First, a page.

Fresh Air

Weekdays from 2-3 PM
  • Hosted by Hosted by: Terry Gross

Fresh Air opens the window on contemporary arts and issues with guests from worlds as diverse as literature and economics. Terry Gross hosts this multi-award-winning daily interview and features program. The veteran public radio interviewer is known for her extraordinary ability to engage guests of all dispositions. Every weekday she delights intelligent and curious listeners with revelations on contemporary societal concerns.

In addition to Terry's fascinating interviews and features, Fresh Air's stellar roster of contributors includes classical music reviewer Lloyd Schwartz of The Boston Phoenix, winner of the Pulitzer Prize for Criticism; language commentator Geoffrey Nunberg, usage editor of The American Heritage Dictionary; rock critic reviewer Ken Tucker of Entertainment Weekly; John Powers of Vogue; Maureen Corrigan, book reviewer and professor of literature at Georgetown University; David Bianculli, TV critic for the New York Daily News; and critic-at-large Gerald Early.

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Sam Phillips, founder of the label Sun Records, didn't care much about making flawless recordings.

Mary Gaitskill writes tough. Her characters are almost always "users" — users of drugs and other people; they're often mean and manipulative and flooded with self-loathing. In short, to quote the title of her debut short story collection, Gaitskill writes about people who are no strangers to "bad behavior." You have to write tough — and brilliantly — to pull off a novel like The Mare.

Fresh Air Weekend highlights some of the best interviews and reviews from past weeks, and new program elements specially paced for weekends. Our weekend show emphasizes interviews with writers, filmmakers, actors and musicians, and often includes excerpts from live in-studio concerts. This week:

Copyright 2015 Fresh Air. To see more, visit http://www.npr.org/programs/fresh-air/.

Transcript

DAVE DAVIES, HOST:

Copyright 2015 Fresh Air. To see more, visit http://www.npr.org/programs/fresh-air/.

Transcript

DAVE DAVIES, HOST:

Copyright 2015 Fresh Air. To see more, visit http://www.npr.org/programs/fresh-air/.

Transcript

TERRY GROSS, HOST:

Iranian-born photographer Abbas knew from a very early age that he would spend his life taking pictures. Growing up in Algeria during that country's war for independence more than a half-century ago, he remember being struck by the violent, life-altering events taking place around him.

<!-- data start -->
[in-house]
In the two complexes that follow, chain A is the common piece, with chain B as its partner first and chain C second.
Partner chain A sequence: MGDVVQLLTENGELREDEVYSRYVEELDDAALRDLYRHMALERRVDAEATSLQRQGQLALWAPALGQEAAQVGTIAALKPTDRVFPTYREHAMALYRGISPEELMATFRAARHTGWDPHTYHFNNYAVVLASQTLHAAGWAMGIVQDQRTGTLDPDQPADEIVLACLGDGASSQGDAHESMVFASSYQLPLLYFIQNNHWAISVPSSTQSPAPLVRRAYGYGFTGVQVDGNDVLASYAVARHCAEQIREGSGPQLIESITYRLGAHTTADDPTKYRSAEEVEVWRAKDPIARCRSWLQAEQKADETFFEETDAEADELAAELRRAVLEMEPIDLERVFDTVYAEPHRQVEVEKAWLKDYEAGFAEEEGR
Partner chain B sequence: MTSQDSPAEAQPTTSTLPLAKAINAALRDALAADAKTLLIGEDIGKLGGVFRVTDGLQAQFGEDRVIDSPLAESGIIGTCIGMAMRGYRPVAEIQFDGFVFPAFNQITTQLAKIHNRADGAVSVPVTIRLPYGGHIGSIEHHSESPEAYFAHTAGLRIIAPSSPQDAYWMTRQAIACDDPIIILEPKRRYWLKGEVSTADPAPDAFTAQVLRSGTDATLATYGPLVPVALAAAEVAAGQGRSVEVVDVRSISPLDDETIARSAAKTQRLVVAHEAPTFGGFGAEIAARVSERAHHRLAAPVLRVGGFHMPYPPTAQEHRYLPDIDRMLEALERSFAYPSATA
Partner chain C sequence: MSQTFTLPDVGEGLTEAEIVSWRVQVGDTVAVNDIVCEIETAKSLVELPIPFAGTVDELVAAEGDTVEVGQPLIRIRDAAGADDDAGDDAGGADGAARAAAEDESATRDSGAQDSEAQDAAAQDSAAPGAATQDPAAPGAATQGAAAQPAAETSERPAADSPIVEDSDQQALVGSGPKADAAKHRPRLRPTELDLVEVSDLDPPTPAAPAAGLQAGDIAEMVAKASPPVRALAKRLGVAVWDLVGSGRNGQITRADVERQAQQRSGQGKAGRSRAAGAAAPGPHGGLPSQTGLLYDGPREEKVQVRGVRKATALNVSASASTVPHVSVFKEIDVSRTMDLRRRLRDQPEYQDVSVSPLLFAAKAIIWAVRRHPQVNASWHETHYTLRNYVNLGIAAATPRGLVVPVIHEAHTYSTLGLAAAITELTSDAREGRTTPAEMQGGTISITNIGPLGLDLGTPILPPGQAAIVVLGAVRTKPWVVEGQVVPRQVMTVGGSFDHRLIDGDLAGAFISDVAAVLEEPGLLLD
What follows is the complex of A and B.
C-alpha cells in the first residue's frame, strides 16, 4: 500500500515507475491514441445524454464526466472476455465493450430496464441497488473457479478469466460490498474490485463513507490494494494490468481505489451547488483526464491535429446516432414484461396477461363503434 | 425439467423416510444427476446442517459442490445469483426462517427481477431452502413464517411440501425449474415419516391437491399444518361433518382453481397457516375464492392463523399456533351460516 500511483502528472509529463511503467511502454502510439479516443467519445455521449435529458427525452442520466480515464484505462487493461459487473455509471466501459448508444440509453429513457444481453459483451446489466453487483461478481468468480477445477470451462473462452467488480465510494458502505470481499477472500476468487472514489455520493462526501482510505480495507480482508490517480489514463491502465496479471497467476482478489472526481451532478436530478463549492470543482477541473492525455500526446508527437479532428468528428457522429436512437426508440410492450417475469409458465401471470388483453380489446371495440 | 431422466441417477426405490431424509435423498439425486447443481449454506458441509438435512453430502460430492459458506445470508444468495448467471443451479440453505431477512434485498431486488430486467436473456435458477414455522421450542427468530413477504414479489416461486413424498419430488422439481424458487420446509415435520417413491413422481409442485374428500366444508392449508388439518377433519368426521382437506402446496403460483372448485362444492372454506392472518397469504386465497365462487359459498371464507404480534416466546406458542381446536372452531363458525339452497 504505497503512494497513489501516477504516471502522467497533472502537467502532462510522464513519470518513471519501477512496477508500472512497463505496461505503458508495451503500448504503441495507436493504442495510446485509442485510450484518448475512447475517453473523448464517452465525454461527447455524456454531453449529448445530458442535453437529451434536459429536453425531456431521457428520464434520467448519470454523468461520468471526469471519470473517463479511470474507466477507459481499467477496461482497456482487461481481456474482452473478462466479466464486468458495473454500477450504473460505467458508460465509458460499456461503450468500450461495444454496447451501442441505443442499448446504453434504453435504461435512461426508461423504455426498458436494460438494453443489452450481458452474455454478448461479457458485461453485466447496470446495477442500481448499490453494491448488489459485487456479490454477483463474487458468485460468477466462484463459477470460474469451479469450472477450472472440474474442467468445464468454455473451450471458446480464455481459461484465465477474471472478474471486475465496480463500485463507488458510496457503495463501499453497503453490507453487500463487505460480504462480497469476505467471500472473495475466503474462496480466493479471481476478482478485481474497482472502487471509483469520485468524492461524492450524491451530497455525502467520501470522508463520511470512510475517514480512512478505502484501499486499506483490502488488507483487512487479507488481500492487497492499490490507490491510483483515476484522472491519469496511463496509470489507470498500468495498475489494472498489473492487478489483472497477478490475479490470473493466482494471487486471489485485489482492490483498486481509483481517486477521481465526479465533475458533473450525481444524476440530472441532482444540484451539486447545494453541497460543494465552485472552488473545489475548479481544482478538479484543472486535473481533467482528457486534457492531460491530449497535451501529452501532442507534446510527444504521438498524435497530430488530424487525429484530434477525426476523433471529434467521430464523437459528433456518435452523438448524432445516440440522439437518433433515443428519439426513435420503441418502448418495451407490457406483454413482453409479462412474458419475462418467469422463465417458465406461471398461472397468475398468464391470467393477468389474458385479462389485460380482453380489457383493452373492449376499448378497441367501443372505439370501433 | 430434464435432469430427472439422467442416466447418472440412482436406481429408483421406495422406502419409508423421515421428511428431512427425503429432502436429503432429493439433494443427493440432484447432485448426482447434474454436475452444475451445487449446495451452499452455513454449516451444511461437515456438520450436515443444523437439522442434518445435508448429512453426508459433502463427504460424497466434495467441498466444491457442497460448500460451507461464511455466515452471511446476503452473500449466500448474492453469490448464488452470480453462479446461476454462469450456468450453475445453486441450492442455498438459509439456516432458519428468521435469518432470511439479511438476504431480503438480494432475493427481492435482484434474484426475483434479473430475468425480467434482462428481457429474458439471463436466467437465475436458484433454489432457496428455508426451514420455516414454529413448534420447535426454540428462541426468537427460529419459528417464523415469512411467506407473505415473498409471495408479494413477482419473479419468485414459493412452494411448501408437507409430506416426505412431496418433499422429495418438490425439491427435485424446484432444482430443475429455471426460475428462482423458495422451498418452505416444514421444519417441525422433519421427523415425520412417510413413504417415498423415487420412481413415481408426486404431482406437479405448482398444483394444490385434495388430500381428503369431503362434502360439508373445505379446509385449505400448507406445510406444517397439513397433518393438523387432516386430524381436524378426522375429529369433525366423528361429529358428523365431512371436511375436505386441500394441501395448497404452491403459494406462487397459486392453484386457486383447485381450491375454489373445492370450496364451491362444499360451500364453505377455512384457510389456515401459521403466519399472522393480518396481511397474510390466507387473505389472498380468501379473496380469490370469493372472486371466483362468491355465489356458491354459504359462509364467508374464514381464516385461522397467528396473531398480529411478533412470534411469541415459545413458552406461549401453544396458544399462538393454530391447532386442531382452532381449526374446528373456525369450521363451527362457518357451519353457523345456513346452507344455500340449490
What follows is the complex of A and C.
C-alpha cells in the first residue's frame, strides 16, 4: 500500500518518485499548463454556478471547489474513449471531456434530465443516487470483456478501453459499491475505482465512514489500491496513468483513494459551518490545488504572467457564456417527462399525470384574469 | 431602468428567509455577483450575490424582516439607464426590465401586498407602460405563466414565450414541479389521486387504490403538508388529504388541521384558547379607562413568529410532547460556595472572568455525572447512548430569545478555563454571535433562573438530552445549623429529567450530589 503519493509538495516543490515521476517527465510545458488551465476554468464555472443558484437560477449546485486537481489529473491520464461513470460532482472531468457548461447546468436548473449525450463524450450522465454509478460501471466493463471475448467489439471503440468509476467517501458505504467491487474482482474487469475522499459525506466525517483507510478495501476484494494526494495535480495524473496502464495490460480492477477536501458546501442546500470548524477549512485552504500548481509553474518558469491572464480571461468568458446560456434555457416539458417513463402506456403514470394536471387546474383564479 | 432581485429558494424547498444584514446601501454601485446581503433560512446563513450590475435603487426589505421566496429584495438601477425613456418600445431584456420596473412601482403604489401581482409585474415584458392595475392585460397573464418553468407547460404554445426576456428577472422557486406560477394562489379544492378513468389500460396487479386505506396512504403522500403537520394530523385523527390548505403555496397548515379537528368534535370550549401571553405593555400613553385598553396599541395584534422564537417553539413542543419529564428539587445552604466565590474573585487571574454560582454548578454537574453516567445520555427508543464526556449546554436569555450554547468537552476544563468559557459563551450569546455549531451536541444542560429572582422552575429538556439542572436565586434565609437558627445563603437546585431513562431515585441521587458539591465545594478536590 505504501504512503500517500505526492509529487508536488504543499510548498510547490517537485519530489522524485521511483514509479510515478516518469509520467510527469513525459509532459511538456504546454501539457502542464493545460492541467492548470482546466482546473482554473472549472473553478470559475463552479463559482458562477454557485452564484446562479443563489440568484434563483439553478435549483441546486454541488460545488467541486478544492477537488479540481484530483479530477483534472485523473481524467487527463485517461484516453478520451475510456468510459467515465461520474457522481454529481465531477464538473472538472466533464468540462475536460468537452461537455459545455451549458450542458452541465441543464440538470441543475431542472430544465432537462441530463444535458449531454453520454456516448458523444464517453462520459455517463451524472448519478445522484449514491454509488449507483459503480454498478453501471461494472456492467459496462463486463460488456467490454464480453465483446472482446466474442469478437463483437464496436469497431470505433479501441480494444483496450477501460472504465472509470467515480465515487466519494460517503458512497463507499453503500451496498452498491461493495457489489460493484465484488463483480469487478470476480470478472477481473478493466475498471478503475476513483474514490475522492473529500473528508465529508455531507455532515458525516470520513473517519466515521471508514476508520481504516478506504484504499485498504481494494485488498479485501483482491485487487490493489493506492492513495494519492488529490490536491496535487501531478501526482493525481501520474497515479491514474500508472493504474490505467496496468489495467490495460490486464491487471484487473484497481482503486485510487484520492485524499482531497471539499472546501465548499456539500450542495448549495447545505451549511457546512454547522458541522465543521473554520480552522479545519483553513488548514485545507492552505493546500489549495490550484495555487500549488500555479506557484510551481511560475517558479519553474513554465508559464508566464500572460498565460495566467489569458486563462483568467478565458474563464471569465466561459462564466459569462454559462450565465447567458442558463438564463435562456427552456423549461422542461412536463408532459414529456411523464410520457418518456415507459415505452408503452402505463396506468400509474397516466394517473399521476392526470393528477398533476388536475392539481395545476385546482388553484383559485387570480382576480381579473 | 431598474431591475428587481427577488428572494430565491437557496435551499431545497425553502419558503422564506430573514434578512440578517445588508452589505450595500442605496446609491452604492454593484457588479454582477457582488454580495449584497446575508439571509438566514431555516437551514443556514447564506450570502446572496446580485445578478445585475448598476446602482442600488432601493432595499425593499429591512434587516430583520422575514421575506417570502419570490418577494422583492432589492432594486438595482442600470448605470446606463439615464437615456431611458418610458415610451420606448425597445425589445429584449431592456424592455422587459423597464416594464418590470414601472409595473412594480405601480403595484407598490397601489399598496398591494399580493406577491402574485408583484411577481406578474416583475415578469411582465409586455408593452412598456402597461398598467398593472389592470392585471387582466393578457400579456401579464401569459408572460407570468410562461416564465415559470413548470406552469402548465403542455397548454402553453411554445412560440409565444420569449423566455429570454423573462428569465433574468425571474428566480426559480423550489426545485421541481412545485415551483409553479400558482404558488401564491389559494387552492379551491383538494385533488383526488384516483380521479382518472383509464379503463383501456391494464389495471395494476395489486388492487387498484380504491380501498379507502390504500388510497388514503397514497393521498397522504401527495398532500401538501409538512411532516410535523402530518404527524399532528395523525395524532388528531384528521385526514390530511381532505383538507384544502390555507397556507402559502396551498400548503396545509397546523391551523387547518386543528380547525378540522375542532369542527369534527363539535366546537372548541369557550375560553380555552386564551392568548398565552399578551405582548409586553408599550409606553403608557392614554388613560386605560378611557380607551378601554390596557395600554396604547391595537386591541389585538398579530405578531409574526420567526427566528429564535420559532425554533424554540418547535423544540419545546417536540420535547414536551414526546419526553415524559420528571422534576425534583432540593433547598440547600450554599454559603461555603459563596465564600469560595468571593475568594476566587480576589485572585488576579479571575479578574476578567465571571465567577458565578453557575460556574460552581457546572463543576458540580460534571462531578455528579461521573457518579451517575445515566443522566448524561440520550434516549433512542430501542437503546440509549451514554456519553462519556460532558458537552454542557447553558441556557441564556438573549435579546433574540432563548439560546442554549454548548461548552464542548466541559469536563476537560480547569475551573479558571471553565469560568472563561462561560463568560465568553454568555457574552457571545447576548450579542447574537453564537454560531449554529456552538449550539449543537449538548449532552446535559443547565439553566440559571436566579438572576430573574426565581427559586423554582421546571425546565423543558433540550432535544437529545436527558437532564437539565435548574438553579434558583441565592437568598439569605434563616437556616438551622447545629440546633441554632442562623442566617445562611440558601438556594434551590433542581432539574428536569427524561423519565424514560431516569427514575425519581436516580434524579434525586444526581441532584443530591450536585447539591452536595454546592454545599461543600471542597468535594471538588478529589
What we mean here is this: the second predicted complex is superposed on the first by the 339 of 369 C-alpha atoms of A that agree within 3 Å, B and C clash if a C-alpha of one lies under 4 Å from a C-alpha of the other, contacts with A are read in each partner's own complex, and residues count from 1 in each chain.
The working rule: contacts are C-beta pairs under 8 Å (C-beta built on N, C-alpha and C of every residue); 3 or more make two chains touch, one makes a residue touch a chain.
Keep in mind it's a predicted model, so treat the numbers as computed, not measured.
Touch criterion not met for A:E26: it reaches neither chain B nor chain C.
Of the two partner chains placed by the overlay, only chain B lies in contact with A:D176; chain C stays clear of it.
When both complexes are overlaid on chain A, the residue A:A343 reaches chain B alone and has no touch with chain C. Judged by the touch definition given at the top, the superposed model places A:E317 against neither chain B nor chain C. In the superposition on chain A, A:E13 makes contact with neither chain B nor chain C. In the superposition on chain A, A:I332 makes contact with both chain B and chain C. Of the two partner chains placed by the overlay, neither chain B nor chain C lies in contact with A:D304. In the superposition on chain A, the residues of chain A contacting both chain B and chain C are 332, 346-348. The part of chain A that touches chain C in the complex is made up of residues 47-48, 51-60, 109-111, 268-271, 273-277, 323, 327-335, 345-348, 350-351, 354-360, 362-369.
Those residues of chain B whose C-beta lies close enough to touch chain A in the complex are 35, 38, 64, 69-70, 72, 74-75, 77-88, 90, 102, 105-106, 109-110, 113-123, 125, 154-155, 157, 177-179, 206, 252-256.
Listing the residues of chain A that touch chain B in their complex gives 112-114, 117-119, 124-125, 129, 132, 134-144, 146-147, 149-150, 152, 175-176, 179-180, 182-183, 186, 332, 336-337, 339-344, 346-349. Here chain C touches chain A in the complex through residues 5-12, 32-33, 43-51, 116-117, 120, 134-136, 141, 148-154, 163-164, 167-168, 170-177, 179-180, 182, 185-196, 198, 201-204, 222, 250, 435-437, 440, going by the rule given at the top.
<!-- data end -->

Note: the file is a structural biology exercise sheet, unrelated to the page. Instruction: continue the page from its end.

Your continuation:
"I could see history being made in front of my eyes," he tells Fresh Air's Terry Gross. "For a young boy witnessing these events, it's almost normal to become a journalist or be interested in the present."

For broadcast TV, this year's fall season has been decidedly, and disappointingly, below average, especially for drama series. But on streaming television, there's a new show — available on Amazon Prime Video in its first-season entirety on Friday — that's about to change all that.

The show is called The Man in the High Castle. It's based on a novel by Philip K. Dick, the same writer whose stories inspired the movies Blade Runner and Total Recall, and it's excellent.

Growing up in New York City, film director and animator Peter Sohn remembers visiting the American Museum of Natural History as a kid and being awed by the dinosaurs on display there.

"There was a barosaurus in the atrium," Sohn tells Fresh Air's Terry Gross. "It was kind of standing on two legs, and it blew me away, that thing. ... It ignites the imagination to think that something that large could've roamed around New York."

When it comes to writing, David Mitchell, author of Cloud Atlas and The Bone Clocks, likes a challenge. Maybe that's why, in 2014, he began sharing his newest novel in a series of tweets.

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